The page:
How far are you willing to go for Perfect Turkey? By perfect I mean crisp, browned skin over juicy, flavorful breast meat. I’m willing to go pretty far, although I draw the line at roasting the turkey breast-side down (so the breast collects juices) and then flipping the buttery, 14-18 lb, 350-degree bird over to finish roasting. It’s supposed to be incredible, and I’m sure it is, but I have other, very simple, and far (!) less dangerous methods that turn out a gorgeous, juicy bird.
So here you go, Perfect Turkey Tips:
First, and these days not at all unusual – brining, aka soaking the (thawed or fresh) turkey in salted, seasoned water, in the refrigerator, for 10-24 hours. What a difference it makes in flavor and texture (juiciness!) and it really is so easy, especially with the big plastic brining or roasting bags you can pick up at the grocery store.
Second, and now we’re getting at the two must-dos for achieving nicely browned, crisp skin – air-dry the bird, on a rack, in the refrigerator, overnight before you roast it. Wet, soggy skin does not get nicely crisp, as you might imagine. The turkey’s got to sit in the fridge anyhow, obviously, so like brining this is an easy step. Put a couple of cookie racks over a baking sheet, put the (already brined) bird on it, uncovered, and in she goes for a good night’s chill.
Third, and again toward nicely browned, crisp skin – correct basting. That means don’t baste with the juices in the bottom of the roasting pan. Why? They’re wet, those juices, and you just bothered to air-dry the skin, so why make it soft and soggy all over again? Do baste with melted butter (add herbs for extra flavor, if you like). Hot fat = crispy skin. Yeah baby! Mmmm. (How to time the brine and air-dry? Brine overnight Tuesday, air-dry overnight Wednesday. Voila. If the turkey is frozen? Start thawing it in the fridge today, it takes more than 24 hours.)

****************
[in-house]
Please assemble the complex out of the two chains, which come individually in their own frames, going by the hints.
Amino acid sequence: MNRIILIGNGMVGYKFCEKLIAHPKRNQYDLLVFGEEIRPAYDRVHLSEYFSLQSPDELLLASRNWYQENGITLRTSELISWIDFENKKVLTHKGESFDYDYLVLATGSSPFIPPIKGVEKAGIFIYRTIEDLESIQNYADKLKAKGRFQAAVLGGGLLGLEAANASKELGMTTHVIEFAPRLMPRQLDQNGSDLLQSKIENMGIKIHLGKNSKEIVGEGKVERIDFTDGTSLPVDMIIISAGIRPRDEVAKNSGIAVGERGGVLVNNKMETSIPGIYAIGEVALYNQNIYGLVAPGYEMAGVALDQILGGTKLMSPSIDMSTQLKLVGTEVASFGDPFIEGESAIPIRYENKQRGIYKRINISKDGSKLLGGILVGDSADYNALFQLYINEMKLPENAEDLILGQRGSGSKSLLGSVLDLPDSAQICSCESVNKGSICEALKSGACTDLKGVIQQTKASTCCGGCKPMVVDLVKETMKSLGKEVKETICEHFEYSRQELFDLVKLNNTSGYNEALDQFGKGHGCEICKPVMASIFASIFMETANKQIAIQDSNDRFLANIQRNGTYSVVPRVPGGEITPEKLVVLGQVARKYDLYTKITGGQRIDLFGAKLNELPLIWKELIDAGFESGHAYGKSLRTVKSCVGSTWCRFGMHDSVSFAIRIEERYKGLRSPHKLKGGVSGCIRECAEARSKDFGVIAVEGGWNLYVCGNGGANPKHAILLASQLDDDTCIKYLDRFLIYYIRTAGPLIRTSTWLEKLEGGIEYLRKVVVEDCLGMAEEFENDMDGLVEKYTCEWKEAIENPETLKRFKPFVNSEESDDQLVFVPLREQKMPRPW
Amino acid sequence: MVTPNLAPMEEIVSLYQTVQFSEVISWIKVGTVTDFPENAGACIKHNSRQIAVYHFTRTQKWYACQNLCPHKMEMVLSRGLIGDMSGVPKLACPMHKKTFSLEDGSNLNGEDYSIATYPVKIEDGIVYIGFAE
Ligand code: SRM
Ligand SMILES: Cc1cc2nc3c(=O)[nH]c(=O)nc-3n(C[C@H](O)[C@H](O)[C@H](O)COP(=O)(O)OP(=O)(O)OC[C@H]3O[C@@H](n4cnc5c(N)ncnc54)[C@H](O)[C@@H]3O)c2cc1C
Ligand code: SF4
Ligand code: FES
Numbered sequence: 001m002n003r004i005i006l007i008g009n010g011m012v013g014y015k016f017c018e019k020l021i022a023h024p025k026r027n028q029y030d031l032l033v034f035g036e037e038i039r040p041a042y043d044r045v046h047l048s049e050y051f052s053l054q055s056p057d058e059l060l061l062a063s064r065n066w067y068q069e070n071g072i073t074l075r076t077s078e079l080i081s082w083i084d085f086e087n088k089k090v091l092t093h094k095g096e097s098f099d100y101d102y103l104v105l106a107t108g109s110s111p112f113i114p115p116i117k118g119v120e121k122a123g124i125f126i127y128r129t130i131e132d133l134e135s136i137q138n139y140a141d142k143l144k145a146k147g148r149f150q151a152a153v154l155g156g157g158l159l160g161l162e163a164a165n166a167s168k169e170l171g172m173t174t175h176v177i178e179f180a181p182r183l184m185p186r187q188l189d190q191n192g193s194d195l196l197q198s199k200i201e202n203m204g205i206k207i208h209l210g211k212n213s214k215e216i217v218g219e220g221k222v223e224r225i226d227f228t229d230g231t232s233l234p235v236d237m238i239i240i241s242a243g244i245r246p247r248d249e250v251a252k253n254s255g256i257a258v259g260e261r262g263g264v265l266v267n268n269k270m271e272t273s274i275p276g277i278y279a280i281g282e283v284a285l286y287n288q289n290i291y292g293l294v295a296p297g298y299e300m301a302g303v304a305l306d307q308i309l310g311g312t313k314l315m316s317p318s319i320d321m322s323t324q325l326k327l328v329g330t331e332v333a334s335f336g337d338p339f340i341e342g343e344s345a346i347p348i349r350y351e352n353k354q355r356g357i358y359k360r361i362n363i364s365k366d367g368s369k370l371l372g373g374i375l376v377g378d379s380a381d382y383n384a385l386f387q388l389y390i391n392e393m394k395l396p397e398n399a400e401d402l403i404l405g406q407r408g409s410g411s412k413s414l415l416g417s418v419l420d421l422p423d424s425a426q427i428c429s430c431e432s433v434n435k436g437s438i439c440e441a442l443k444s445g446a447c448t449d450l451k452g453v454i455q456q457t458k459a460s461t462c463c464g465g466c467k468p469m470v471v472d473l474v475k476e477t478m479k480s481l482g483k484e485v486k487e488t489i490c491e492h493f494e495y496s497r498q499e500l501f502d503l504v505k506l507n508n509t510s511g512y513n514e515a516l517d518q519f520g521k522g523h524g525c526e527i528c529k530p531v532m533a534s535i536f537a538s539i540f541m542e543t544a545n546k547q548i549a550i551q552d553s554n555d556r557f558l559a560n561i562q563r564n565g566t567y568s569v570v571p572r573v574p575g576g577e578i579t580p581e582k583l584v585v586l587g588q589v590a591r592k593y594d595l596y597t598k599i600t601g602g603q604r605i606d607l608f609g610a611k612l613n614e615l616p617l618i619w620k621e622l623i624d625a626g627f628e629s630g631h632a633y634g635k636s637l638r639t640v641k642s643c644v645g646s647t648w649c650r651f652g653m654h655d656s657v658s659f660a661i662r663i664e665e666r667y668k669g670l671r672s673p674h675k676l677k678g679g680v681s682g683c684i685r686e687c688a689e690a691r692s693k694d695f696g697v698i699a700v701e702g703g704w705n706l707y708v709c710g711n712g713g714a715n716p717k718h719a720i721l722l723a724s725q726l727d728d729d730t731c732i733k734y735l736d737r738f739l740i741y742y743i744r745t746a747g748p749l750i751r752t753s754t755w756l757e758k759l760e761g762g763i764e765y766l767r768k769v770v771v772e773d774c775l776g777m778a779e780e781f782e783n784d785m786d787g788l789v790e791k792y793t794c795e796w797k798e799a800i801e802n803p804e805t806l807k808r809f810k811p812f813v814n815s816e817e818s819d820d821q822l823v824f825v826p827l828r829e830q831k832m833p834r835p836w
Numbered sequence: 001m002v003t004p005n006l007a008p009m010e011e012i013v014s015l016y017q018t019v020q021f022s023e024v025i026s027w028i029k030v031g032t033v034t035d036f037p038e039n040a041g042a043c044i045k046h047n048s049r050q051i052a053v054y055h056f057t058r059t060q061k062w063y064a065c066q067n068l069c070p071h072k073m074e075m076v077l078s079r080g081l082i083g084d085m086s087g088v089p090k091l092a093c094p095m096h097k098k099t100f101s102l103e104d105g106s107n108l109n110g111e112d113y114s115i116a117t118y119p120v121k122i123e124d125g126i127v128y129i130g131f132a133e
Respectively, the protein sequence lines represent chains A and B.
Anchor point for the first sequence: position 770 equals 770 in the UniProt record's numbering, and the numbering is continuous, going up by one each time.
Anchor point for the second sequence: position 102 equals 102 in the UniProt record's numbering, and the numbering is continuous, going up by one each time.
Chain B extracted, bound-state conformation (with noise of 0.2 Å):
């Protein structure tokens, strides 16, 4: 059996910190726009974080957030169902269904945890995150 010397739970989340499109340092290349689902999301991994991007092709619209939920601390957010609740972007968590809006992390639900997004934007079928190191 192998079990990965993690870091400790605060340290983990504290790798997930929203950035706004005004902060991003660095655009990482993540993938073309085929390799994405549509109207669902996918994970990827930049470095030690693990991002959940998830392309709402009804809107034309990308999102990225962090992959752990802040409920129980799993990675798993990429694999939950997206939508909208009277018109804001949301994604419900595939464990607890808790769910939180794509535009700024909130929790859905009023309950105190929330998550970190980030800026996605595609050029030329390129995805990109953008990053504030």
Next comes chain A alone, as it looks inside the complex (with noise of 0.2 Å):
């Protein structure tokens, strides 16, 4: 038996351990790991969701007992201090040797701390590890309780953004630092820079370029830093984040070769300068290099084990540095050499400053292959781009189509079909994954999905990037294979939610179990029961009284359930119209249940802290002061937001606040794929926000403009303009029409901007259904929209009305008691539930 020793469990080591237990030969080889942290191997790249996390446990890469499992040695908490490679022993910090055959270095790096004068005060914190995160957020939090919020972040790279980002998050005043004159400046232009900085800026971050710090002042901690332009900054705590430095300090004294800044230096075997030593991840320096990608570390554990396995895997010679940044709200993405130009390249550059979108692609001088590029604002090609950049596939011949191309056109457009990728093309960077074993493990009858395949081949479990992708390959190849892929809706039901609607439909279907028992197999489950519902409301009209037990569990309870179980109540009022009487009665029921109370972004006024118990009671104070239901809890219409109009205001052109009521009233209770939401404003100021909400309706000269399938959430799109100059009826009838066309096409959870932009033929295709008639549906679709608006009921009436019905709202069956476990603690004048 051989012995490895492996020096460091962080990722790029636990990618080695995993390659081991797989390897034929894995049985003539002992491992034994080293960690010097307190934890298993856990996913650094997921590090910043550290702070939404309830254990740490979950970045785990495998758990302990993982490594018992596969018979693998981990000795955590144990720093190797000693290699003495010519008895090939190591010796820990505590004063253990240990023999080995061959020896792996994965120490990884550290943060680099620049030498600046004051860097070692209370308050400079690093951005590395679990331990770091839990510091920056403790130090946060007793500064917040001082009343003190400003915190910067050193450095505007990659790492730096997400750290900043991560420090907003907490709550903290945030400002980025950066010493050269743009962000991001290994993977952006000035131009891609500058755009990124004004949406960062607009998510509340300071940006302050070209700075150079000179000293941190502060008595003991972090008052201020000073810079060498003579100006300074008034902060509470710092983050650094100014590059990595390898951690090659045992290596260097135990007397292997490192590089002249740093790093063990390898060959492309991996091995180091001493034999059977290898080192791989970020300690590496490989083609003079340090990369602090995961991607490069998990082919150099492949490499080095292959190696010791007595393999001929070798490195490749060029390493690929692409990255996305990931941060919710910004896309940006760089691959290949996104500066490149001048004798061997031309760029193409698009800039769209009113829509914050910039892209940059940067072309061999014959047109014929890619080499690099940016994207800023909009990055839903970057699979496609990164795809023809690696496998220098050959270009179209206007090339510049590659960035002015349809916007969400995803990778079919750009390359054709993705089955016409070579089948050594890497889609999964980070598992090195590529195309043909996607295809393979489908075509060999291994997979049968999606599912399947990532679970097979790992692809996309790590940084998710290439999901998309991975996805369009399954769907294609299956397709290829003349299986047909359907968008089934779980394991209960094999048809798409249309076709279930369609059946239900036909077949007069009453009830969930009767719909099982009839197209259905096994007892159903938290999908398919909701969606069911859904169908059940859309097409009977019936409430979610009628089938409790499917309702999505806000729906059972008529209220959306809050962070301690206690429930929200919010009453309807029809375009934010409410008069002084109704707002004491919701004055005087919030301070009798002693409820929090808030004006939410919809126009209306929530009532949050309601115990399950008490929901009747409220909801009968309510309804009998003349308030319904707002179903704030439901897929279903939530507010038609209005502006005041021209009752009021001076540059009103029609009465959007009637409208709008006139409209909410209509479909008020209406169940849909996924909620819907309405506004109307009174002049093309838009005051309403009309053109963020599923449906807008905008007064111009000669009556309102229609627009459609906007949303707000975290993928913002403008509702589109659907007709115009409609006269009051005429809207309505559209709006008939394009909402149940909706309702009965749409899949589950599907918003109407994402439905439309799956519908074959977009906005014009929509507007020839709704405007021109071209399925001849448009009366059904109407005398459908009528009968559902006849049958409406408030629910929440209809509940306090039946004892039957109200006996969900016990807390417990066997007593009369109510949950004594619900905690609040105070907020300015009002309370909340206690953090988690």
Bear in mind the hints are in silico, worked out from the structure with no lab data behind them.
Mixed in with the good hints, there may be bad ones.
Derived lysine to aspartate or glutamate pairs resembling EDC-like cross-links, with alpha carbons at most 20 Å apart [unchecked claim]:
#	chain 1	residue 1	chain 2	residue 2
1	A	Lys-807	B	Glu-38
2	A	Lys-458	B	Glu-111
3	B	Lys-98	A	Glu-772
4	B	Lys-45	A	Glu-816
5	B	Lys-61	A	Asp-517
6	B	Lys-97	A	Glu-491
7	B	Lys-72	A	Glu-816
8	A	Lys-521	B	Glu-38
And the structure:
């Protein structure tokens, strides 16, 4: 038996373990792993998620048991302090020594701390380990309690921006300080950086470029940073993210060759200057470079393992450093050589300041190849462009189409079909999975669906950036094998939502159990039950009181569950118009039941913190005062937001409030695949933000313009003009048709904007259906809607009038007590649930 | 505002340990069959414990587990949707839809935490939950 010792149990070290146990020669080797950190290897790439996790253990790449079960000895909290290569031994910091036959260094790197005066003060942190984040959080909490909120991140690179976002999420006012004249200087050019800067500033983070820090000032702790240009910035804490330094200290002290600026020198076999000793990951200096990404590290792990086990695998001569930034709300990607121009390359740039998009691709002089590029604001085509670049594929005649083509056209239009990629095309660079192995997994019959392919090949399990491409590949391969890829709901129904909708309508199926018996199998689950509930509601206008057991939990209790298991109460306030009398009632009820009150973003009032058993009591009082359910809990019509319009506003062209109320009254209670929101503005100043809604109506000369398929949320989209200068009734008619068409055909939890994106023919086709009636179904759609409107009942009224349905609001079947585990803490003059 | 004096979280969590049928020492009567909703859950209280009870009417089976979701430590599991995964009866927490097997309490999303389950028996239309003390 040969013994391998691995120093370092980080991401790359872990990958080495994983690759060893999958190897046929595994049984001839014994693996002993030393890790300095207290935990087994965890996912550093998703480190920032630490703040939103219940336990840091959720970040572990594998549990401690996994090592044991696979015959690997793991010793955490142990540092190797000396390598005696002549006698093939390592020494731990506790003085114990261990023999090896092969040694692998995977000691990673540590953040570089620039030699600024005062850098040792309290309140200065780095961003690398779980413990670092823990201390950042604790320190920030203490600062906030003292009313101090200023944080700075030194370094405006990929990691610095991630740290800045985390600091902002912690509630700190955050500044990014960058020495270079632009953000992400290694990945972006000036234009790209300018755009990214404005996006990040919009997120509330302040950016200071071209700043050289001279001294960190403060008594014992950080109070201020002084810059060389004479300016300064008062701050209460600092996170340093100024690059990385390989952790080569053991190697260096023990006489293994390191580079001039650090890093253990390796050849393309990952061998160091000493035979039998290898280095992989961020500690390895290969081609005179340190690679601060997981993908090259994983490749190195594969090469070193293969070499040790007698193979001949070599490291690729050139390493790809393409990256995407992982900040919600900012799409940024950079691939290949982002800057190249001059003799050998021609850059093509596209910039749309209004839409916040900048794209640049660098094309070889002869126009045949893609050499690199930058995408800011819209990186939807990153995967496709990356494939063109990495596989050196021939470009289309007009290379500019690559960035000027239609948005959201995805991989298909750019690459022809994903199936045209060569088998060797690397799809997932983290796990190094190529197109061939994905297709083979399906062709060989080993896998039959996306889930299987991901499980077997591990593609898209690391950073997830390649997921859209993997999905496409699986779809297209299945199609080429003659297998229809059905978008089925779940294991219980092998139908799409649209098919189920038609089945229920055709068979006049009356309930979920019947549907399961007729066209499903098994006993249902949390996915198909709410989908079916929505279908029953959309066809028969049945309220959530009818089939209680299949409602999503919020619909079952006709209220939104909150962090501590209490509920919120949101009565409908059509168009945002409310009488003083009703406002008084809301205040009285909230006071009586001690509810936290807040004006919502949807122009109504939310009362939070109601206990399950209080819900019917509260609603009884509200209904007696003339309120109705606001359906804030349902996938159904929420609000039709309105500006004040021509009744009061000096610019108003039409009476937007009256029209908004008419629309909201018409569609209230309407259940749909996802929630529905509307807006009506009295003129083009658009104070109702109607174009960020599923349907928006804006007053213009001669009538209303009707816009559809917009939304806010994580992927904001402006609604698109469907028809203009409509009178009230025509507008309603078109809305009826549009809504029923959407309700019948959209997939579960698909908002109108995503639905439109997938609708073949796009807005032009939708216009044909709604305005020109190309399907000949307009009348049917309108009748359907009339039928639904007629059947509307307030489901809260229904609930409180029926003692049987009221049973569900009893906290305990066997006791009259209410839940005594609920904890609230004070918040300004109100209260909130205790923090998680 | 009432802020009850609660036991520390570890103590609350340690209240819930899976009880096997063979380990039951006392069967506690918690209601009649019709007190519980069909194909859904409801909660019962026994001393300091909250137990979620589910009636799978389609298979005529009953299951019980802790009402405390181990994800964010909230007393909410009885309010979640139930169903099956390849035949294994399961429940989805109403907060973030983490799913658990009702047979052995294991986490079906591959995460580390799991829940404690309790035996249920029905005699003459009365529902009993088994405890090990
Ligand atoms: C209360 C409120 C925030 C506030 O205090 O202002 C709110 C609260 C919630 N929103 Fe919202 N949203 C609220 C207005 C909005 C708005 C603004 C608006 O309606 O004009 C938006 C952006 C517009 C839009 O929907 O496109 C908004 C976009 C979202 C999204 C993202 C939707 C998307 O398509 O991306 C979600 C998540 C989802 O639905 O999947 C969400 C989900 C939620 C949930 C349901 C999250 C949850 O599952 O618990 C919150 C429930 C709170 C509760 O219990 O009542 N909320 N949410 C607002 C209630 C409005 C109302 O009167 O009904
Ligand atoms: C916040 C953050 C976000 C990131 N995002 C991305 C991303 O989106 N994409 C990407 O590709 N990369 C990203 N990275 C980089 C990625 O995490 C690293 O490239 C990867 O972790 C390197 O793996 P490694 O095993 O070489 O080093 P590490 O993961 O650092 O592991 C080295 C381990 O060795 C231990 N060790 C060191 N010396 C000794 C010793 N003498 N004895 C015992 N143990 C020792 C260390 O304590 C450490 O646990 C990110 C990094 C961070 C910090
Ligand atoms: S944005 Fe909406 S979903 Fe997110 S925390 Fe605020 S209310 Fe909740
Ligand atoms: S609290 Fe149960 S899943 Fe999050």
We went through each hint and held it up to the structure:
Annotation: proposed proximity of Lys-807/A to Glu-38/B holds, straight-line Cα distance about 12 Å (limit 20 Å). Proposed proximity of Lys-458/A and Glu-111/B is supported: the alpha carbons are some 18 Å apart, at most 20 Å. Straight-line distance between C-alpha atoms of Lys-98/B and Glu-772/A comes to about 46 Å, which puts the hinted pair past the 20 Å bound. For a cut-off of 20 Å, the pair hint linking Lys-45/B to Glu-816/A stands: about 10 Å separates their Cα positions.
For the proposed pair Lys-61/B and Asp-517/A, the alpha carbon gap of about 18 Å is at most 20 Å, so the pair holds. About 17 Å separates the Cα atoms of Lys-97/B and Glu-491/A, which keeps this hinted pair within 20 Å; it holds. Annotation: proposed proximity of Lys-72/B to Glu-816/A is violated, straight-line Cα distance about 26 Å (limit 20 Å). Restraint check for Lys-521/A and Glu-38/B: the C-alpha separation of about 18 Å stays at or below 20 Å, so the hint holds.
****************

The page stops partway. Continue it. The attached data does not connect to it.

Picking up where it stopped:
Fourth, and also easy – loosely cover the breast with foil for the first two hours of roasting. In fact, if the breast is browning nicely under the foil, keep it there the entire time. The shield it provides keeps the breast from cooking faster than the rest of the bird, which it tends to do (and is often why breast meat is overly dry).
So. Let me know if you try any of these ideas. Can you tell I’m going over my notes, making my plan for dinner? It’s going to be just the four of us, here, this year. I usually spend Thanksgiving with my aunts Mary and Marge, their families, and my parents and sibs. We rotate houses and menu assignments each year, although the menu is loosely the same – and delicious. I’m so spoiled. My aunts and stepmom are amazing cooks and it is an elegant, gorgeous, fabulous feast, every year. I crave it, in fact. John and my stepdaughter A usually go to NYC to visit his parents and bro, but not this year. So instead of driving out to Willmar and back in a day (dinner is at Marge’s this year), we decided to hang here, the four of us, which we’ve never done before. Cook a pared- down, simple dinner, somewhat tailored to the quirks of my – frankly, weird! – children and husband, none of whom like mashed potatoes, sweet potatoes, squash, stuffing, or pumpkin pie. Mashed potatoes! Pumpkin pie! Lord, how did this happen? Those are the traditional highlights! But there it is.
Therefore, our menu:
Herb-roasted turkey (I’m NOT making chicken for Thanksgiving, I do have my limits) with pan juices
Stuffing (a tiny amount, for me and whoever else might adventurously try a bite or two)
Crispy oven-roasted potatoes (these will be a huge hit)
Home-made challah bread (as will this, akaRockin’ Challah, pictured below; I can in fact imagine both kids eating mostly bread and potatoes. Fine, because they’re on the menu. John actually made Apasta (!) the first year we hosted Thanksgiving – ah, the lessons of blending families. My aunts will never forget that – needless to say, kids in our, or most anyone else’s family, aren’t prepared their own separate Thanksgiving dinner! We’ve come a long way since then, thank goodness…)
Crunchy cabbage salad with orange vinaigrette, pine nuts, and mint
Warm brownie “pie” with whipped cream (basically, nothing more than brownies baked in a 9-inch round pan, ha; I’m going to use my Fudgy Passover Brownie recipe because it’s so good, my new fav brownie recipe, actually)
I have to admit that it’s nice to not plan appetizers – I figure I’ll make a big batch of popcorn at some point, and that’s about it. And to know that none of us will be stuffed after dinner – should be a relatively light affair. And hey, given the forecast of 55 degrees, we could go for a bike ride afterward! Crazy! But way cool. (Recipes posted in comments, below.)